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Best Cut Off Wheels And Sawzall Blades?

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  • Best Cut Off Wheels And Sawzall Blades?

    Hey guys: I recently bought a Miller Thunderbolt XL stick machine to do some reconfiguration of the hitch coupler on my 1950's Dodge 1/2" ton utility trailer. I am lowering the A-frame for better alignment with the tow vehicle, cutting/grinding off the bale-type hitch ball coupler (which friggin' popped off going over a speed bump recently), adding a 1/4" thick 3" box stinger between the A-frame which will extend about a foot longer than the A-frame to make the tongue longer for less jack-knifing when backing up, and installing a Bullydog ball hitch coupler. (The stinger will be welded between the existing 3" angle and welded into the trailer frame under the bed at the other end.)

    The existing A-frame is 1/4" thick 3" angle which is lap welded top and bottom onto the 1/4" thick 6"x 2" box trailer frame (the original frame was 6" x 2" "C" channel, but it is boxed where the A-frame connects).

    I started cutting the welds off and then running a 4.5" H.F. cutoff wheel between the 1/4" thick 3" angle and the 1/4" thick 6" x 2" box. It is working good, but the 4.5" cutoff wheel can only go about 1.25" deep. I then used a "metal" blade on my Porter Cable Tiger saw in the groove which I had made with the cutoff wheel but it really couldn't cut much, probably because it is not the right blade, if there is a right blade.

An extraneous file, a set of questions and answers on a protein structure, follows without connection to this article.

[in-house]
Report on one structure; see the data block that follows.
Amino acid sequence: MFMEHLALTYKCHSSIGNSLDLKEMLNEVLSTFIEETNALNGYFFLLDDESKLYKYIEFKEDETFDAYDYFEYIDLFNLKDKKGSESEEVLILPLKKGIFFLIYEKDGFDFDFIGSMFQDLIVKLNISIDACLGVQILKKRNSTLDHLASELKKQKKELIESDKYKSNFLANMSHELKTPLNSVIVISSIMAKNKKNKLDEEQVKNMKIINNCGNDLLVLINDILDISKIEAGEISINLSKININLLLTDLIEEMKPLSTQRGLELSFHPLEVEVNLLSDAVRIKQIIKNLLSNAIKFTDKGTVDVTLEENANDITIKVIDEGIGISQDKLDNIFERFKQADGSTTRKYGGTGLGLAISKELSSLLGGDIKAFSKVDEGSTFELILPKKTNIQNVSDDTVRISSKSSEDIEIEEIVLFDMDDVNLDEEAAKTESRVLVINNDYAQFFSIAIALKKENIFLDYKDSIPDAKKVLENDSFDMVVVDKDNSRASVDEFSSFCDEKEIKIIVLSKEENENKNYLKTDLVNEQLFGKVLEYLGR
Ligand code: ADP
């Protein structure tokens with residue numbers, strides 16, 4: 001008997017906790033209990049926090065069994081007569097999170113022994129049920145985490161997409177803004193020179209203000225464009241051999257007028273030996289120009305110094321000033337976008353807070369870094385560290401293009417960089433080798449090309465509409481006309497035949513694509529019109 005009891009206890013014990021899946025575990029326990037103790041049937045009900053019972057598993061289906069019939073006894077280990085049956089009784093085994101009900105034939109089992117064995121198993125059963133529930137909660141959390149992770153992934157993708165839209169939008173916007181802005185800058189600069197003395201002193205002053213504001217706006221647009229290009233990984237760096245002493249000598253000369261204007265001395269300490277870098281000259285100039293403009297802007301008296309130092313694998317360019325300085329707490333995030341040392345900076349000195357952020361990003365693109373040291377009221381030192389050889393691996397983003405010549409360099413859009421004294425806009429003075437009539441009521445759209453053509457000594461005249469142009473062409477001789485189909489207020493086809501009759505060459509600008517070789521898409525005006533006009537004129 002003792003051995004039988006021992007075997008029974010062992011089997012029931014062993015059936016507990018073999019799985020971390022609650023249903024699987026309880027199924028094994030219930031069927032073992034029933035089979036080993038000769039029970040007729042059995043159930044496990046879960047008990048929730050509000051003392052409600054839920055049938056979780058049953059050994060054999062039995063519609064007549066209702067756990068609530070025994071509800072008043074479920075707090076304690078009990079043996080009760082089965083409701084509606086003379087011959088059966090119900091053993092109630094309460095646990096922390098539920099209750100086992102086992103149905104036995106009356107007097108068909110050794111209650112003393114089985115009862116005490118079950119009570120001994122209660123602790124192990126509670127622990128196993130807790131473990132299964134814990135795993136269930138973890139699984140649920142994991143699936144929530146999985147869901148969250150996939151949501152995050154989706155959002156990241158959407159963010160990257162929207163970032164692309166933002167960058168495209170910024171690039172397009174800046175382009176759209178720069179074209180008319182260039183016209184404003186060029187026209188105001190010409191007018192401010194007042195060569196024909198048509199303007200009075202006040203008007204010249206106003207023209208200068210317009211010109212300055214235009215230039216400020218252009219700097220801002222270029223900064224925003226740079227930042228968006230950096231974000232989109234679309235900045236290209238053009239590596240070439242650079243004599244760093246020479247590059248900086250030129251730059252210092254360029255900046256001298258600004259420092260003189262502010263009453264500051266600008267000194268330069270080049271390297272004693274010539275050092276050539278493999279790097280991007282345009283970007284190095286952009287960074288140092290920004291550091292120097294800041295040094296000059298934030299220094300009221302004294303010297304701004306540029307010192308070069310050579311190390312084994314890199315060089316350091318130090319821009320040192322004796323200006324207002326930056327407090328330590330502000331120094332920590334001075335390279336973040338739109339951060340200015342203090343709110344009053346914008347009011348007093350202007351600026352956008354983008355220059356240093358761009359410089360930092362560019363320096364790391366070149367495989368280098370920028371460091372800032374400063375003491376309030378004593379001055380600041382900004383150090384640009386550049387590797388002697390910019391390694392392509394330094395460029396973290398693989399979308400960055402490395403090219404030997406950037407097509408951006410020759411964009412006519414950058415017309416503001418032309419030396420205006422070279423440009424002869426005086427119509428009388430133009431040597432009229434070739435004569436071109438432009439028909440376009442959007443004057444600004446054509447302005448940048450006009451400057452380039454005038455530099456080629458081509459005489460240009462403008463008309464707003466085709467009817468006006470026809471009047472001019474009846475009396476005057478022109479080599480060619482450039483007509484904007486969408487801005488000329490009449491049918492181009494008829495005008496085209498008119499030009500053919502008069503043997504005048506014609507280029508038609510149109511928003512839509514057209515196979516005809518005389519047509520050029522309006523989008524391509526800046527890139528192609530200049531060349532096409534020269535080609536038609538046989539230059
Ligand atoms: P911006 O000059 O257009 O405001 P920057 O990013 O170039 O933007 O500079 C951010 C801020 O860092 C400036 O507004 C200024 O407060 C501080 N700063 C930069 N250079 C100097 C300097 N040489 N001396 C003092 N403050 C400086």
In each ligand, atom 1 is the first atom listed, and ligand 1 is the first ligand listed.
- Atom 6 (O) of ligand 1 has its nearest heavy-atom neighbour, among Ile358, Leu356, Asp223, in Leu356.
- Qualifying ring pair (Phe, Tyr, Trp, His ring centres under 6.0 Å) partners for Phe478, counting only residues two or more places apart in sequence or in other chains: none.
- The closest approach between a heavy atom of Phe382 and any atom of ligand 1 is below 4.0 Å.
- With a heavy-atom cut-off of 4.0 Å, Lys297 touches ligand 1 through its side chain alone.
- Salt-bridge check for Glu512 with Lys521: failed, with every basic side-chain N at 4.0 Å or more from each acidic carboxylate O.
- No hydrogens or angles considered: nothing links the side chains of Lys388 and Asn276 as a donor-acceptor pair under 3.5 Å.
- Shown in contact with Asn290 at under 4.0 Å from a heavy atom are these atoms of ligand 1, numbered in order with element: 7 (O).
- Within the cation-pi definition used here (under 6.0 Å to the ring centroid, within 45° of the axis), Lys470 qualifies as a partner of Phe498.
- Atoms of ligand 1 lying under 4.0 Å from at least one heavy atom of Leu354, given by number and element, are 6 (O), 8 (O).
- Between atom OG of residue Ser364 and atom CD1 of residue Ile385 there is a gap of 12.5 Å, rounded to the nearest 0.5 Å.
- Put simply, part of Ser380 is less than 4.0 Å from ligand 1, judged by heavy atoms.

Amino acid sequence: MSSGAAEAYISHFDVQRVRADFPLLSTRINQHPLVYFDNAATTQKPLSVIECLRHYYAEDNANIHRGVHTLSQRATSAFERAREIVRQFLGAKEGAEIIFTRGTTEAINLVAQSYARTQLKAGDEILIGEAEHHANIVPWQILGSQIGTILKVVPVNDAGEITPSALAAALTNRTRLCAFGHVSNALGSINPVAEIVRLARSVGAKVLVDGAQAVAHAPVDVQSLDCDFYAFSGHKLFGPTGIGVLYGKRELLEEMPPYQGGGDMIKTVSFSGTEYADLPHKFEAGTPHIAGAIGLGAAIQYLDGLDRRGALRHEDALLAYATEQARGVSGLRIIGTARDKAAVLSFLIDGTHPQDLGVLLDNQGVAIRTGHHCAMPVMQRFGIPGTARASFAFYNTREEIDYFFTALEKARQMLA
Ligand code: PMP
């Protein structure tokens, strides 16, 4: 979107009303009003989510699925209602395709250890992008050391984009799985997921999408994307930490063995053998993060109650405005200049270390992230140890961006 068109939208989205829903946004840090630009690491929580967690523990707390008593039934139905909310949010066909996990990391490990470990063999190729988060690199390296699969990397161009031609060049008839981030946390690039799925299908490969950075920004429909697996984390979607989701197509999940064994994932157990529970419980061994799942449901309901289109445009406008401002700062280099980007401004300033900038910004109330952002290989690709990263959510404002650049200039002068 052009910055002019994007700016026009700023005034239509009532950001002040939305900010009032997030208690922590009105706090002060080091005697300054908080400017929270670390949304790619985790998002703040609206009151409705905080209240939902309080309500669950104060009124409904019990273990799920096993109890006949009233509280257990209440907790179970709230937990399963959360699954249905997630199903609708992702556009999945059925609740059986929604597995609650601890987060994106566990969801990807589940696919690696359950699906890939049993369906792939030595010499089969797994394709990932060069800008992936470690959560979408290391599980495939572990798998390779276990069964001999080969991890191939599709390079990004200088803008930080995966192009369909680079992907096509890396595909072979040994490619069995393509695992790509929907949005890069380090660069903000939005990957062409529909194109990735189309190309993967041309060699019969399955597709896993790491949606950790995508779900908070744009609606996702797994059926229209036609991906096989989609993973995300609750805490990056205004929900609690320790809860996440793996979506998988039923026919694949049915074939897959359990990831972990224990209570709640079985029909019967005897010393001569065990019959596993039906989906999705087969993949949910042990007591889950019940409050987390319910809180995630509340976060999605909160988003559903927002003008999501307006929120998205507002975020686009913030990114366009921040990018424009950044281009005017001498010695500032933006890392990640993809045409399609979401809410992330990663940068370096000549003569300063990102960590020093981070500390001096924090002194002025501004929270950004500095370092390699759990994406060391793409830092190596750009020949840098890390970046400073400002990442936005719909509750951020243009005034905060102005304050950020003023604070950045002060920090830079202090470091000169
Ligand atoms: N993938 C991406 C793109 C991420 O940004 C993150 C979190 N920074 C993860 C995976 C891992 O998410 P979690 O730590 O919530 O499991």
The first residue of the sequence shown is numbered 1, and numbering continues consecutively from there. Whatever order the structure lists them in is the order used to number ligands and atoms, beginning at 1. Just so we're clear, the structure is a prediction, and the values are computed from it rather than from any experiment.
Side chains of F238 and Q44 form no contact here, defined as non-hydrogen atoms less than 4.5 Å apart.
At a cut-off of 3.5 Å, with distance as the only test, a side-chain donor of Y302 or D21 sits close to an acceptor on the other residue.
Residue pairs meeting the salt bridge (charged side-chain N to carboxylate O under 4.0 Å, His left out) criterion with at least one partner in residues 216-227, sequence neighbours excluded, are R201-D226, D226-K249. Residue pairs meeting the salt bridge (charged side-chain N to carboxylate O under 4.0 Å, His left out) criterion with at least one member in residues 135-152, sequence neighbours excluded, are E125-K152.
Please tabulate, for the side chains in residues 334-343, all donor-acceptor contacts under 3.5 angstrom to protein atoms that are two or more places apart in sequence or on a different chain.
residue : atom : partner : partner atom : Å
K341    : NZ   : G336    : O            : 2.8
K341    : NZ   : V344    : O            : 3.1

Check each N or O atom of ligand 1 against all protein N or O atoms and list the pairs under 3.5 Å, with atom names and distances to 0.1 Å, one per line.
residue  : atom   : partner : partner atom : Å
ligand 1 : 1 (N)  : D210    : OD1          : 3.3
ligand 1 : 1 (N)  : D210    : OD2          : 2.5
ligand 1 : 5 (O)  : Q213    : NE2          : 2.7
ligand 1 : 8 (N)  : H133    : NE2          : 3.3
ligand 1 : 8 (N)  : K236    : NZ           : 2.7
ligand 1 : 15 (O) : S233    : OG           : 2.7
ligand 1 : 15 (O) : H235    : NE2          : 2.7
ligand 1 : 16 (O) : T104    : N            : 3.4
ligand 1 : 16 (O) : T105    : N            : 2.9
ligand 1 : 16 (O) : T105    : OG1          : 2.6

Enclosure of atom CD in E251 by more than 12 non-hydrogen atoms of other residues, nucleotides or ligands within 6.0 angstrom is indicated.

So my questions are:

    1. Are there better cutoff wheels that I should try?

    2. Are there steel blades which will work in a Sawzall type reciprocating saw?

    3. Is there another technique I should consider for separating these components?

    And yes, I have a bunch of scrap metal to run pads of beads before I ever put an arc to the trailer.

    I was going to use 6010-5P+ or 7018 rod for this. But if you guys also want to make some suggestions for rod, I would appreciate it. But first things first, I've got to separate the A-Frame from the trailer...

    BTW, I have a Millermatic 350P which I weld somewhat ok with (although I often grind off my welds and redo them) so I am not a total newbie.

  • #2
    I've settled on Lenox recip saw blades. Have also used Dewalt, Milwaukee, Craftsman, and a couple of no-names I picked up somewhere--I keep going back to Lenox. Their bi-metal, at 14 TPI for your 1/4" stock would be my choice. You want about 3 teeth in the material. Don't run the saw too fast, and adding some cutting oil helps--but use an OA torch to burn the oil off before welding. Where possible, I use a portable metal cutting band saw, but they're a bit bulky and have limited thickness capability--but they really cut nicely!